The agricultural sector provides employment for 66% of Tajikistan’s working population, with women now having the triple burden of working within agriculture, tending to the household, and fulfilling the roles of motherhood . As a result it is fairly common for disempowered women to have temporary or seasonal work in nearby gardens or fields, utilizing her children as a primary source of labor. This fragmentation of the family magnifies the gender stratification in Tajikistan, as the male of the household fulfills his breadwinner role and the female is responsible for the home and children despite also working. Although the agreement among groups that disempowered women are unemployed or work in agriculture, the women’s participatory groups mention instances of men who are unemployed and act as the major driver of the women's disempowerment.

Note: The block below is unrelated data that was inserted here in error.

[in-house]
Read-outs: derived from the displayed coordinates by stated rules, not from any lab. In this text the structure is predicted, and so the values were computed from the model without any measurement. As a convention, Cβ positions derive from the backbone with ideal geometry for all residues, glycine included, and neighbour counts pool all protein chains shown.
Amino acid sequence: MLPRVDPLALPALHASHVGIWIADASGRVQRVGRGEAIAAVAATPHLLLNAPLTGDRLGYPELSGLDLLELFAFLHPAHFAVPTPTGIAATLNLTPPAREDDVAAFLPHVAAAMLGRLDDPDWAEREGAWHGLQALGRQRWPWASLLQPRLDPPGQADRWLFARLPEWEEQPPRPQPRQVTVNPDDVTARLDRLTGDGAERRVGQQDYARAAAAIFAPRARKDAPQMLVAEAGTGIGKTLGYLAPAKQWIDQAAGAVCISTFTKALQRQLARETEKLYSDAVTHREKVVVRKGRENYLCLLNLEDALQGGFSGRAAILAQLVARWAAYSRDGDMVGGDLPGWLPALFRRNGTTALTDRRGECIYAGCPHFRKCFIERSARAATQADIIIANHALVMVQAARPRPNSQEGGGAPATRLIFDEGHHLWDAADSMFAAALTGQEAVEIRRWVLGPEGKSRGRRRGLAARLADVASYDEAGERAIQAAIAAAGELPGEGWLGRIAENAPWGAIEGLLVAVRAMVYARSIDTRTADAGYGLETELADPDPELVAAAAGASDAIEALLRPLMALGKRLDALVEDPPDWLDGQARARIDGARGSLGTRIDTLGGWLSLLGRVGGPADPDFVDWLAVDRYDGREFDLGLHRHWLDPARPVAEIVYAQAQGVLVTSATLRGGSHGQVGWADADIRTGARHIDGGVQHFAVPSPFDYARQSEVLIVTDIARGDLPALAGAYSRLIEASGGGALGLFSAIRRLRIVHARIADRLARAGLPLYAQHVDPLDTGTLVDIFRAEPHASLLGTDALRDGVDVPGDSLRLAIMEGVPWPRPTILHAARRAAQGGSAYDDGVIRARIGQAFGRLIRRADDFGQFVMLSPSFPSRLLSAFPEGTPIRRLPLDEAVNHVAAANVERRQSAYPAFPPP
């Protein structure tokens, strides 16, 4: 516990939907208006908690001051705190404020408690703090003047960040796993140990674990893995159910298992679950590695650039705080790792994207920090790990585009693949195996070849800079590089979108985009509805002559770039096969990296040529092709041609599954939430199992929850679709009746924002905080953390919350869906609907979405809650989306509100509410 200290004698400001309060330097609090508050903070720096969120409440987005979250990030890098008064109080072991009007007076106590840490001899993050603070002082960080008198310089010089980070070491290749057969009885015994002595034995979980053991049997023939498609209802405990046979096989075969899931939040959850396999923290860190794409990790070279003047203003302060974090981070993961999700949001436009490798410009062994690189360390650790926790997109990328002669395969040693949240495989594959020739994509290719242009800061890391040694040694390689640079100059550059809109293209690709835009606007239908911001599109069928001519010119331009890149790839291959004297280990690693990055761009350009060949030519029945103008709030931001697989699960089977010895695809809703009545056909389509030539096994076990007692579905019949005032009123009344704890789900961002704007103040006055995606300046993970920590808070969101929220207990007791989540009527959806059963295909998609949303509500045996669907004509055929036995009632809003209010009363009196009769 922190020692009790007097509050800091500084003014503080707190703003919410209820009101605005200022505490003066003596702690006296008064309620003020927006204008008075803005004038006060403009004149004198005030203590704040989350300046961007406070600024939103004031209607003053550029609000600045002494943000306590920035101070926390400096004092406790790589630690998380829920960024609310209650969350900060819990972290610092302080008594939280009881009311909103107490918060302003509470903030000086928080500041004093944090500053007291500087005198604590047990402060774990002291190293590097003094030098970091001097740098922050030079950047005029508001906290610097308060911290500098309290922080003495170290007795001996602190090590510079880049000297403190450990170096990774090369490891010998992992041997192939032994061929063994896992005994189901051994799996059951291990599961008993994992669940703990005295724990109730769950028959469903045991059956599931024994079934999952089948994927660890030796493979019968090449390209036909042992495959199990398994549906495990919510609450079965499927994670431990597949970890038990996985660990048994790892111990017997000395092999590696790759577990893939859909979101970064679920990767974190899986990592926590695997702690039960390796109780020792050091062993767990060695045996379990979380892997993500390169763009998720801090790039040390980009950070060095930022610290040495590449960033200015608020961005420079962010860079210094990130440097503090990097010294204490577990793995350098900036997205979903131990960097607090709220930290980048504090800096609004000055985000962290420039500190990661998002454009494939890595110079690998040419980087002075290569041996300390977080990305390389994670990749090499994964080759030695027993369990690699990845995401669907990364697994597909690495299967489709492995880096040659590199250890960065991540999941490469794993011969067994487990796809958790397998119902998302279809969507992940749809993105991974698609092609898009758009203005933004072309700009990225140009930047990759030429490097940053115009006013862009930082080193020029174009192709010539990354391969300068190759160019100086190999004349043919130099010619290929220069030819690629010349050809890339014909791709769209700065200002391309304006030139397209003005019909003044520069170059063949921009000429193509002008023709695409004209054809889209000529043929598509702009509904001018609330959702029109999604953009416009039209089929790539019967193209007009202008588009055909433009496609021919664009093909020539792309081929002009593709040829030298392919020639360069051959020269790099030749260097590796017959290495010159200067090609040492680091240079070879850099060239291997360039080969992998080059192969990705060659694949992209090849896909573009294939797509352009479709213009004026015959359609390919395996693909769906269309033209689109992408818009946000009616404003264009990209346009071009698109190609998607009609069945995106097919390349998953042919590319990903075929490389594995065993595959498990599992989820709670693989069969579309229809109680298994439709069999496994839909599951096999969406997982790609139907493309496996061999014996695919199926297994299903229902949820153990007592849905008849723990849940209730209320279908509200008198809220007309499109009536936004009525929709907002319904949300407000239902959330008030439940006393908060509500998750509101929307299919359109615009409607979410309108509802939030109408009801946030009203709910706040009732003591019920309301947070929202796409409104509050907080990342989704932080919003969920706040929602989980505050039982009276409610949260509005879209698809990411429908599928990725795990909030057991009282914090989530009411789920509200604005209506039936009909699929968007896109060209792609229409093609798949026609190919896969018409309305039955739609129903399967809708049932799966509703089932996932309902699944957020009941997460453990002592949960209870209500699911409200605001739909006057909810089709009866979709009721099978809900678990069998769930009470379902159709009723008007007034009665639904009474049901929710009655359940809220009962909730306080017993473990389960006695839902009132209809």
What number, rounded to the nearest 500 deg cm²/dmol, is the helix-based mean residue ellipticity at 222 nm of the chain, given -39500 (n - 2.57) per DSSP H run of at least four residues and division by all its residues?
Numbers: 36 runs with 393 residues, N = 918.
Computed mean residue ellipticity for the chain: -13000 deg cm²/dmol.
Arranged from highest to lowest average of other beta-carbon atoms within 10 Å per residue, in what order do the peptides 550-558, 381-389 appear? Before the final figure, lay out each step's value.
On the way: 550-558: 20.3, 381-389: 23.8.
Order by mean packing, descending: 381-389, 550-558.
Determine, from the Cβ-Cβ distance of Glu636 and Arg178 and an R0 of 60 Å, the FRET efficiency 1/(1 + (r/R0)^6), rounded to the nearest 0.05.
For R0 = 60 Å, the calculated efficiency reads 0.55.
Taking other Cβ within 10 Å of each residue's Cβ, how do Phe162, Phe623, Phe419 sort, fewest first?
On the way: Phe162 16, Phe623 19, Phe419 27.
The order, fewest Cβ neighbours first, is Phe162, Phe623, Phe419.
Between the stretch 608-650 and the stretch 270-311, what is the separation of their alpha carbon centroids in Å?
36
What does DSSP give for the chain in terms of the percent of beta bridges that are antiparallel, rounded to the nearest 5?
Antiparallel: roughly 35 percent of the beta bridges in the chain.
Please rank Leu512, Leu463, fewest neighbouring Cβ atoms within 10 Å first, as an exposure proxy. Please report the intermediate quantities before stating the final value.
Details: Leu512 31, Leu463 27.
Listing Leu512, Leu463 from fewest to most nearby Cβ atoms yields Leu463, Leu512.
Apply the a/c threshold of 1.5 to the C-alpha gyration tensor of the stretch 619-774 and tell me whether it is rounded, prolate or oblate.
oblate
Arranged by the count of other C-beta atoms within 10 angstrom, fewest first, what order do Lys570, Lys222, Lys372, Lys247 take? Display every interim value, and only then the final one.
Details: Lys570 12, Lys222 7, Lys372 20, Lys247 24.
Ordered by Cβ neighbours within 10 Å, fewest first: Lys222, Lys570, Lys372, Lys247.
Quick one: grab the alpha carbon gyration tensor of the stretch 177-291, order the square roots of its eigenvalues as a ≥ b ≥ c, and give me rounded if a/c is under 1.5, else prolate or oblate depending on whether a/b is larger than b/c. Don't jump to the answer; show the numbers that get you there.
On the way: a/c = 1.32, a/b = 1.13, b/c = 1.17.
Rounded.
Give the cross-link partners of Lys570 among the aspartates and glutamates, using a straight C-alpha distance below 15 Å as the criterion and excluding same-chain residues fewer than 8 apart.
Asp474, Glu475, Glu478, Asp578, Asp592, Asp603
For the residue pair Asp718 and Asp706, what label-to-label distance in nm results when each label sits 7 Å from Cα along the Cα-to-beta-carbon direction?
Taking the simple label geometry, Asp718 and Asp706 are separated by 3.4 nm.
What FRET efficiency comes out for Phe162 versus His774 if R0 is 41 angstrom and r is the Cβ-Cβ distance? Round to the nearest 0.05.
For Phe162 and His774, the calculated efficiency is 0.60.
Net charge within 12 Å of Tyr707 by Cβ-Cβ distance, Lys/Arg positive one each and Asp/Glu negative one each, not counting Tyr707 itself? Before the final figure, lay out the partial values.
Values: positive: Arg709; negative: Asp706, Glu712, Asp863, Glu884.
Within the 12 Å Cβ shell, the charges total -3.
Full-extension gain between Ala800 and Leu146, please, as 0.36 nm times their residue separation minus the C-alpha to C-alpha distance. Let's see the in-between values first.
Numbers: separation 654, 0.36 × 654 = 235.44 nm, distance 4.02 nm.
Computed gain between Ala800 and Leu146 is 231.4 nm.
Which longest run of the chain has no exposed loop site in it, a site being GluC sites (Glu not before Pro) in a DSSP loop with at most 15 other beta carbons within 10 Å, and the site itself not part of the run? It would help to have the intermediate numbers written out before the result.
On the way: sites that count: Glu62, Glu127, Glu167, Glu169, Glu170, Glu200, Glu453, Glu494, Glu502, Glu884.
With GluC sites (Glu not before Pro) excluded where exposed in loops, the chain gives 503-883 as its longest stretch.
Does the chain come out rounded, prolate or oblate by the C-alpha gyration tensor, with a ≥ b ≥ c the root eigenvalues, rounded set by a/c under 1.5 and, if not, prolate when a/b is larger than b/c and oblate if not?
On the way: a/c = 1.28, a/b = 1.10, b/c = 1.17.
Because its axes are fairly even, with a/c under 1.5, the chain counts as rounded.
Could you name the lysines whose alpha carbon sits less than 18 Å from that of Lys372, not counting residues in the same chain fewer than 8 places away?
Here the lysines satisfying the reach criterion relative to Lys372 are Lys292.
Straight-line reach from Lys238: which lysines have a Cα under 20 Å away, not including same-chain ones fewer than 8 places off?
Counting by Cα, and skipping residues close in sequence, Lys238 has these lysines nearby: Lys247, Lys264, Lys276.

The women in this study were less likely than men to want joint decision-making within the household regarding finances. Tables 2 and 3 illustrate how despite women wanting diversified career choices, they were less likely than men to want joint decision-making within the household regarding financial decisions. While the underpinnings of women’s empowerment has been laid with increasing autonomy and agency, joint decision-making has proven successful at increasing mutual respect in the household . Egalitarian decision-making has also been shown to be an effective approach to intra-household decision-making among dual-headed households . This female perspective may have been pervasive due to another differential between the groups—respect and how it should be shared. Male groups were more likely to state that respect for a husband by his wife is mandatory, regardless of she is empowered or disempowered; however, the male groups neglected to describe whether women (disempowered or not) should also receive respect. This appears to be contradictory in that male groups predominantly agreed mutual decision-making was most beneficial in financial situations, while also glossing over whether females should receive respect within in the household. This perspective suggests that men, at least in the household, remain having power over their wives with women in their traditional marginalized position. The unequal power distributions in the household can limit access to education, economic improvements (e.g. employment for women), and other resources; all of which are needed for increased empowerment [20, 21].